Wearable devices that provide in-the-moment information about an injured workers’ condition have the potential to recreate what is known in aviation as the “black box,” a device that will record and store the precise physical state of an employee when they were injured. Such a device could also monitor their recovery process.

But as with many technologies, worker and patient privacy also needs to be observed.

“At the end of the day, we need to make sure that we approach technology enhancement that demonstrates value to the client, while ensuring patient advocacy,” Landon said.

Consolidation

As payers and claims managers set out to harness the power of computing in assessing an injured worker’s condition and response to treatment, the cycle of investment in companies that serve the workers’ compensation space is currently playing a significant role.

The trend of private equity investing in companies that can establish one-stop shopping for such services as medical case management, bill review, pharmacy benefit management and fraud forensics has huge potential.

SponsoredContent_HCS“Any time that we can integrate with a payer across multiple products such as pharmacy, specialty and PPO services, what it does is gives us a better picture of the claim and that helps us to drive better outcomes.”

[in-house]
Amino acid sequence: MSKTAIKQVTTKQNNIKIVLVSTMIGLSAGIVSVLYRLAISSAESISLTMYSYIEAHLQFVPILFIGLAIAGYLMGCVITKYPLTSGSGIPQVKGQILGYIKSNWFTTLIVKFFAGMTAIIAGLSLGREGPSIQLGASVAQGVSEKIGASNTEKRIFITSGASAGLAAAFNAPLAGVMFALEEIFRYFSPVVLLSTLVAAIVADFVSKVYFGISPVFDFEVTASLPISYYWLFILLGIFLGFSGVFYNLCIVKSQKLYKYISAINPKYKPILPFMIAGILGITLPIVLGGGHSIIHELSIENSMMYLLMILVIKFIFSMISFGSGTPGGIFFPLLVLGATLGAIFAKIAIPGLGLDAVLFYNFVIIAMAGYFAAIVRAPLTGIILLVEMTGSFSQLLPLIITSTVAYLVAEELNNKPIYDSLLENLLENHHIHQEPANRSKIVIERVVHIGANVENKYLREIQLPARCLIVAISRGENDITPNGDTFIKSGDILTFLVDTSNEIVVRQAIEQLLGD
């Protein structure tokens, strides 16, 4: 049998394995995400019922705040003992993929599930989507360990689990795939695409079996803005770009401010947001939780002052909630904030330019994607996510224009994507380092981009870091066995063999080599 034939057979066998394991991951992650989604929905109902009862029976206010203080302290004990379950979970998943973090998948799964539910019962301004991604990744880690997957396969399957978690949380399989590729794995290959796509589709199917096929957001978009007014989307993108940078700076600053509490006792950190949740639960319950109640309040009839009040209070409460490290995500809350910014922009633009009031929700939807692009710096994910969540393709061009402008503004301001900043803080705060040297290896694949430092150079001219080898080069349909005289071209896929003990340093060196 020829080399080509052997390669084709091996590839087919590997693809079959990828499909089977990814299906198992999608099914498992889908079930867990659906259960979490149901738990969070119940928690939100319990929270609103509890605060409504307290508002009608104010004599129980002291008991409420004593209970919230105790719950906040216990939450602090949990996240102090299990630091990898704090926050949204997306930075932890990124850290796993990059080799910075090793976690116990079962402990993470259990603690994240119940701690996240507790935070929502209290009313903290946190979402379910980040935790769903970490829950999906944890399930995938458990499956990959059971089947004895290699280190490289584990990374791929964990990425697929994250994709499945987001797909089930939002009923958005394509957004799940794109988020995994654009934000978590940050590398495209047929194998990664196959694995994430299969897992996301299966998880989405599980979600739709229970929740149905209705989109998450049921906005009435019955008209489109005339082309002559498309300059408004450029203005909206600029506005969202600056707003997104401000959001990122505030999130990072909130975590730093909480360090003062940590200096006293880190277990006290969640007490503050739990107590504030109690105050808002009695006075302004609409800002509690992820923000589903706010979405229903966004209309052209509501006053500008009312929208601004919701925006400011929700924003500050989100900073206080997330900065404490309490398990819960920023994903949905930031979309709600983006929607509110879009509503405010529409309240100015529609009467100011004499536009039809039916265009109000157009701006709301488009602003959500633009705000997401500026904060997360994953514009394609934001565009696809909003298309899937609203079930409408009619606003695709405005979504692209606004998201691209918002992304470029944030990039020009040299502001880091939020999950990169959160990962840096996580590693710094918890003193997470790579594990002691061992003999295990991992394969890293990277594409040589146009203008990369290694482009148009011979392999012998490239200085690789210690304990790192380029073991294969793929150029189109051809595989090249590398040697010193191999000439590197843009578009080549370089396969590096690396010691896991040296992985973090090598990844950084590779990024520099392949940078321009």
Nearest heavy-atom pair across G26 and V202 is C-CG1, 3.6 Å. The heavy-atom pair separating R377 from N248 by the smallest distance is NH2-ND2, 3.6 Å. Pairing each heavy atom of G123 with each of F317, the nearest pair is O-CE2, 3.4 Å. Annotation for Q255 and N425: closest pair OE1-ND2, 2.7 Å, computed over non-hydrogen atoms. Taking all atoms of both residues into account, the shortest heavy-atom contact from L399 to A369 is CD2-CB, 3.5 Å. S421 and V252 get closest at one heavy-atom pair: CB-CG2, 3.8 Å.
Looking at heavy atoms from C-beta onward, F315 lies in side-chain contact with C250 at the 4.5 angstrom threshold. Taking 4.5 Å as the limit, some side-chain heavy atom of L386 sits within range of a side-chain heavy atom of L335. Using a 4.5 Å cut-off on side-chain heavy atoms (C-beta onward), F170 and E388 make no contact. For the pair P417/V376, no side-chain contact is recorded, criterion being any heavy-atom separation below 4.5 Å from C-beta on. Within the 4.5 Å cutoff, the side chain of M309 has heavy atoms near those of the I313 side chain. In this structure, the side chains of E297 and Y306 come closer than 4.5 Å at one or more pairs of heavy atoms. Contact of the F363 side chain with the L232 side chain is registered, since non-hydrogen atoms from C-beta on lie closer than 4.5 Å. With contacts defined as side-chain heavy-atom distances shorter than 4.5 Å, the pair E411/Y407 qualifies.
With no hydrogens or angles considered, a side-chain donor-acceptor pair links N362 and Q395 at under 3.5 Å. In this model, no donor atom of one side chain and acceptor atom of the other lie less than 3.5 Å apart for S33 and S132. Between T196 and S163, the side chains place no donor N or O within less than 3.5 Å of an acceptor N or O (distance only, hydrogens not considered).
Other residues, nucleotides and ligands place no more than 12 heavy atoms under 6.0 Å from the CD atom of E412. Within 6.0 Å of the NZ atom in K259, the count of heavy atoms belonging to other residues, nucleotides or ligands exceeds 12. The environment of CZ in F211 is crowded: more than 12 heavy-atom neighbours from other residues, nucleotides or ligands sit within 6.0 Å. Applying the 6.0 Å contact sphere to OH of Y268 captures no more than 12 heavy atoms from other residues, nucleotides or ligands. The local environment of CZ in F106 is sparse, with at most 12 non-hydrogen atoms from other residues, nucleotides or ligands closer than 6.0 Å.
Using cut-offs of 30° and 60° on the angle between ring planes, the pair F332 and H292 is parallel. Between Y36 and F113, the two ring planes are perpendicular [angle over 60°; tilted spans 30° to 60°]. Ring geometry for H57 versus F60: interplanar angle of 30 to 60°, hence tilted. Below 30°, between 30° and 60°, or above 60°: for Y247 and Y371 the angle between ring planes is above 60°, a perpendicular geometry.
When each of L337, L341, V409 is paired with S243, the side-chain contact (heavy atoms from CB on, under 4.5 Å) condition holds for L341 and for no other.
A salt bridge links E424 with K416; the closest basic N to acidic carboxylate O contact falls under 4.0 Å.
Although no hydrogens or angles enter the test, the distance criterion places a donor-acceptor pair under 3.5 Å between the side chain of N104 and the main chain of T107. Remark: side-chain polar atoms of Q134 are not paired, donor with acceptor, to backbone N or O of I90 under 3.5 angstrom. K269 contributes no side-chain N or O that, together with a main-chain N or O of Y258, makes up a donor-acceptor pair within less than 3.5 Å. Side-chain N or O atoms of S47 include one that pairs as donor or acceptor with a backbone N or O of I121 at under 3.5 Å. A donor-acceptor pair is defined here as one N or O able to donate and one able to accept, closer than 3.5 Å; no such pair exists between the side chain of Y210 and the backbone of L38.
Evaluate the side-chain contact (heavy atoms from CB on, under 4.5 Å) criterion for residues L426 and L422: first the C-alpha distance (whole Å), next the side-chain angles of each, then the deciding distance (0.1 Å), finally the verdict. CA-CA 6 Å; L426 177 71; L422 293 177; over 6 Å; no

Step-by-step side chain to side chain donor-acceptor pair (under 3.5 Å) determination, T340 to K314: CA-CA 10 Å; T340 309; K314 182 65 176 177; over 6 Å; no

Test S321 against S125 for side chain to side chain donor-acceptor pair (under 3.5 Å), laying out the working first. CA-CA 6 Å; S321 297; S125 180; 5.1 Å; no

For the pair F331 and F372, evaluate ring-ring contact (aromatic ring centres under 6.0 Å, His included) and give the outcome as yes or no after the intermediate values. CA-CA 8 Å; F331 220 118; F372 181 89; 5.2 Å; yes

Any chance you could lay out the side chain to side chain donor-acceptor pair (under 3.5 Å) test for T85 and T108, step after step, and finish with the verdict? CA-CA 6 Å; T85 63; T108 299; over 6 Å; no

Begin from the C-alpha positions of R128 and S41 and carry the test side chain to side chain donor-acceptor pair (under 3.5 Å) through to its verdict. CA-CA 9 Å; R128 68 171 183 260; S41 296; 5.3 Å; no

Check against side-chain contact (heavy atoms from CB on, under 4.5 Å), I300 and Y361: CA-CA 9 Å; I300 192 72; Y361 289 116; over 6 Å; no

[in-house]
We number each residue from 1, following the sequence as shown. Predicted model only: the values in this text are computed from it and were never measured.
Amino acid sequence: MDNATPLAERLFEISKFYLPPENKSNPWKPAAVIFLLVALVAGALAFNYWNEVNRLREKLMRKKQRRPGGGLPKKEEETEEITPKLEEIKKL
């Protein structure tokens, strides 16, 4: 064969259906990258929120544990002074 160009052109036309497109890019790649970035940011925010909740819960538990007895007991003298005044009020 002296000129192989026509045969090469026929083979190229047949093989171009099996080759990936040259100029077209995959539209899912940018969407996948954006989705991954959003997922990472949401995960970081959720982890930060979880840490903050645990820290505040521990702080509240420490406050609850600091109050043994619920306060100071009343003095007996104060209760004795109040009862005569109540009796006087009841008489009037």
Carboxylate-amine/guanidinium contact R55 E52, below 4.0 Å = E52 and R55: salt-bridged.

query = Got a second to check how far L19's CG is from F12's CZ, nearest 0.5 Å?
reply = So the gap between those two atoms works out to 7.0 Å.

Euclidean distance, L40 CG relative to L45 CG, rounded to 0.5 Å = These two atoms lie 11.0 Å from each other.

— Chuck Cavaness, Chief Information Officer, Healthcare Solutions.

The challenge now facing the industry, one the information technology roundtable participants are confident it can meet, is integrating those systems. But doing so won’t happen overnight.

“There’s a lot of specialization in the industry today,” said Jerry Poole of Acrometis.

Years ago there was a PT network. Now there’s a surgical implant guy, there’s specialized negotiations, there’s special investigations, said Poole.

The various data needs to be integrated into an overall data set to be used by the carriers to help lower the cost of risk.

“Consolidating all these providers will take standardization of communication pathways and it will likely be led by the vendors,” Poole said.

 

Securing Sensitive Information